Challenging top students


Elimination of the Accelerated Learning Activities Program (ALAP) from Warwick Schools has prompted a debate over whether higher achieving students should be given special treatment or if they will simply take care of themselves.

Although she believes the ALAP program to be beneficial, School Committee Chair Beth Furtado said she voted to eliminate the program because it only supports close to 300 students, or half of a percent of the student population. She believes that the goal should be to utilize resources to support all students.

While that is a true and admirable goal, how does eliminating a program that is said to renew love of school and learning in 300 students support those 300 students?

Some kids are “gifted and talented” when it comes to learning. They finish math problems on the first try, they read fast and they have an uncanny ability to have their hand raised with the correct answer before the teacher even finishes asking the question. It is the case that other students need more time to learn subjects.

While in a classroom, the “smart kids” will often finish assignments early and then just sit there, waiting for the rest of the class to catch up. They become bored with school and some might even begin to act out, distracting the rest of the class who are still trying to learn the material.

Why can’t those students be given the opportunity to challenge themselves with a program that costs $300,000 in a total budget of $158 million?

Ted Larson, an ALAP PTA volunteer and former PTA president, pointed out that there are honors programs to cater to those high performing students at the junior and senior high school levels, but nothing to support the high performing elementary students with ALAP eliminated.

It was also pointed out by Larson, School Committee member Eugene Nadeau and other parents that without support for their high performing students, parents may move to other districts or send their children to private schools where they believe they will be better supported.

With declining enrollment and school classifications from the Rhode Island Department of Education of Typical or worse, can Warwick schools afford to lose 300 of their best and brightest? We think not.

Although “smart kids” are self-motivators and will work hard to achieve their goals on their own, support from their schools in reaching their highest potential will only motivate them more. The School Committee should restore ALAP or replace it with another program, but it shouldn’t leave the brightest behind for the sake of mediocrity.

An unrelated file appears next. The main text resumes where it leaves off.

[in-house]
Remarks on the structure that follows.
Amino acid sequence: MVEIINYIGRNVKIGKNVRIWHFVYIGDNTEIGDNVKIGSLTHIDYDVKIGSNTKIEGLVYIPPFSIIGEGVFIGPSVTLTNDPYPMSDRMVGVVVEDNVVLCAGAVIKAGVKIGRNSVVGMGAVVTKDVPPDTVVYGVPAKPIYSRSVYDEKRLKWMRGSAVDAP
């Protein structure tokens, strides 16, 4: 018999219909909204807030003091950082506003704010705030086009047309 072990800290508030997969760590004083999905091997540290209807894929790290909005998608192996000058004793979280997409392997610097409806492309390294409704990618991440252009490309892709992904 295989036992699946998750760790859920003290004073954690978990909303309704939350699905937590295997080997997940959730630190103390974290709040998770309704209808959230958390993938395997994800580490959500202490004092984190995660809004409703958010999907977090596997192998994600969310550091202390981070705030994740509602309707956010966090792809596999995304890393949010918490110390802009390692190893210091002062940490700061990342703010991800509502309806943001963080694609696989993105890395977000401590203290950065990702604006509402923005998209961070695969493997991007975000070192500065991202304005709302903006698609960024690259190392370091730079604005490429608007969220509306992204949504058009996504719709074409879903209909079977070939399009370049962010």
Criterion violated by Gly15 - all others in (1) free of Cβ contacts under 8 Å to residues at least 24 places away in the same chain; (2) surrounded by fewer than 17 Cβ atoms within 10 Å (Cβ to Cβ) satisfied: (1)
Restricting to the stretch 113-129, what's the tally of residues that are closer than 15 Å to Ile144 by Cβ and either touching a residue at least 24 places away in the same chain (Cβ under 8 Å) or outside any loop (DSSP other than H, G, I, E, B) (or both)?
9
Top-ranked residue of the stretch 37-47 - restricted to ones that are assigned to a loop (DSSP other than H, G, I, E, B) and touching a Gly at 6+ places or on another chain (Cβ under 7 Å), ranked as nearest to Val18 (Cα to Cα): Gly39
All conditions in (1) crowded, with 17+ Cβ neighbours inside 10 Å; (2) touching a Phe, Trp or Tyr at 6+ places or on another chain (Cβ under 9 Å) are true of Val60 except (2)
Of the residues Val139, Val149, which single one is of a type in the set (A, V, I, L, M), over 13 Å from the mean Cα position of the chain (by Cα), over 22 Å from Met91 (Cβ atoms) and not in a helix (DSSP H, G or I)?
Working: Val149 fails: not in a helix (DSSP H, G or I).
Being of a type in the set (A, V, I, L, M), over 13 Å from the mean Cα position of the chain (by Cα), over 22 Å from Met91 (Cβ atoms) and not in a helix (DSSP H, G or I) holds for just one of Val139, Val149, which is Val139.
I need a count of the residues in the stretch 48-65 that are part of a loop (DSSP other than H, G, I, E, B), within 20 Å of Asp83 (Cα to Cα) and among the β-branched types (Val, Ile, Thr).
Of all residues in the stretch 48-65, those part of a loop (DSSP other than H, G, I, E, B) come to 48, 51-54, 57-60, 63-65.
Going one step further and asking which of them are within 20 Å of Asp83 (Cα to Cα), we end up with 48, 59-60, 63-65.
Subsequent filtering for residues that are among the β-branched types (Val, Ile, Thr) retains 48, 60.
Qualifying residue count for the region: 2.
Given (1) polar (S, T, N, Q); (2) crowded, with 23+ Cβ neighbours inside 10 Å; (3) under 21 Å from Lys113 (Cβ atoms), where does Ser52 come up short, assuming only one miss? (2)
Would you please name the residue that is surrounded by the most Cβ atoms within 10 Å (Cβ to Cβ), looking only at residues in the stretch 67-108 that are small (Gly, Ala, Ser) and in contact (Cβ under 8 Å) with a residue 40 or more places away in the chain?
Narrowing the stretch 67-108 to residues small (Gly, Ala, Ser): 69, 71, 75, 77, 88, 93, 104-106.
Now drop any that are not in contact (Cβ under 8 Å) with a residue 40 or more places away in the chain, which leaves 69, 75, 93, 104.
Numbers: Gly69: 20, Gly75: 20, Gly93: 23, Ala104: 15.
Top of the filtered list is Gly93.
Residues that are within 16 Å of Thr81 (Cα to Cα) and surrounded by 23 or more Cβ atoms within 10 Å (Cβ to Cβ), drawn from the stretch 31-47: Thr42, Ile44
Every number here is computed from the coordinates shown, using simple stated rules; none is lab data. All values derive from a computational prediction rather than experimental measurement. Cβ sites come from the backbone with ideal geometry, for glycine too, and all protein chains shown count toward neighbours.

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Wow, there is a glaring problem that I see with the numbers and it doesn't take a math wizard to see it. The percentage given is not appropriate. If you look at the total population of the schools, 300 of 9600 students is 3%. How do they get .5%????? Maybe they should have the ALAP kids show the school committee and administration how to figure out the percentages, they can certainly get that right. In fact, the school committee shouldn't be comparing the 300 against the total population of the schools as the Secondary schools have honors programs that the elementary students do not have. ALAP is the honors program for the students. I believe there are approximately 4600 elementary students and the 300 students are a part of that budget. So 300 out of 4600 is 6.5% not .5 percent.

So in order to have the budget help more than .5% of the students you need only to do correct math. It is 6.5% of the elementary students.

If they want to look at a fair comparison $325K is 0.0018 of $158,000,000. Alap is less than 2 one-thousandths of a percent of the total budget. They are putting less than 2 one-thousandths of the budget into 6.2% of the elementary kids.

Wednesday, July 24, 2013

It seems as if ALAP has been cut. I expected the School Committee to meet to discuss it. I guess they chose not to even look into it. At first they said there was no money in the budget but then they said they had the money but didn't want to fund a program that helped so few, .5% of the children. The numbers were off. .5% of the children would be 50 kids, the same number as a football team. The sports programs gets $90,000 for referees, $45K for Ice Rink Rental, $12K for Pool rental, uniforms, 63,000, etc. ALAP required only 2.5 Teachers, a cost of approximately $180,000. Sports rates higher than education apparently.

When I was on the school committee, I was the committee member most knowledgable with technology and IT information. I reviewed the current budget. The IT software budget was increased after I left from $336,000 a year to $669,000 a year. This is DOUBLE THE BUDGETED AMOUNT IN 1 YEAR! Do your kids have all new computers in school? Do they all have new ipads and/or tablets?

Why did the School Committee let the IT department run amok with their budget? Why did NOT ONE MEMBER of the committee question the request for DOUBLE the IT budget? Why would they approve a budget for any department to be DOUBLE? Why is no one questioning this? If the Police Dept doubled their budget would it be questioned? The fire Dept?

There would be more than enough money in the budget for great programs like ALAP in the schools if the committee didn't approve absurd requests like twice the amount of the previous year. Demand that your child get more computers in schools with twice the funding for IT.

Please note, the computers that were installed in the schools last year were purchased with the previous year budget not the increased amount. The IT department should be completely outsourced in my opinion.

Contracted Nursing Services in 2010, $183K. Nursing services in 2012...$304K, in 2013.... $446,244.

Transportation costs also went from $4.6 Million to $6 Million. Is ANYONE asking why?

Here is a link to the School Budget. Do you see anything that should be questioned?

Sunday, August 25, 2013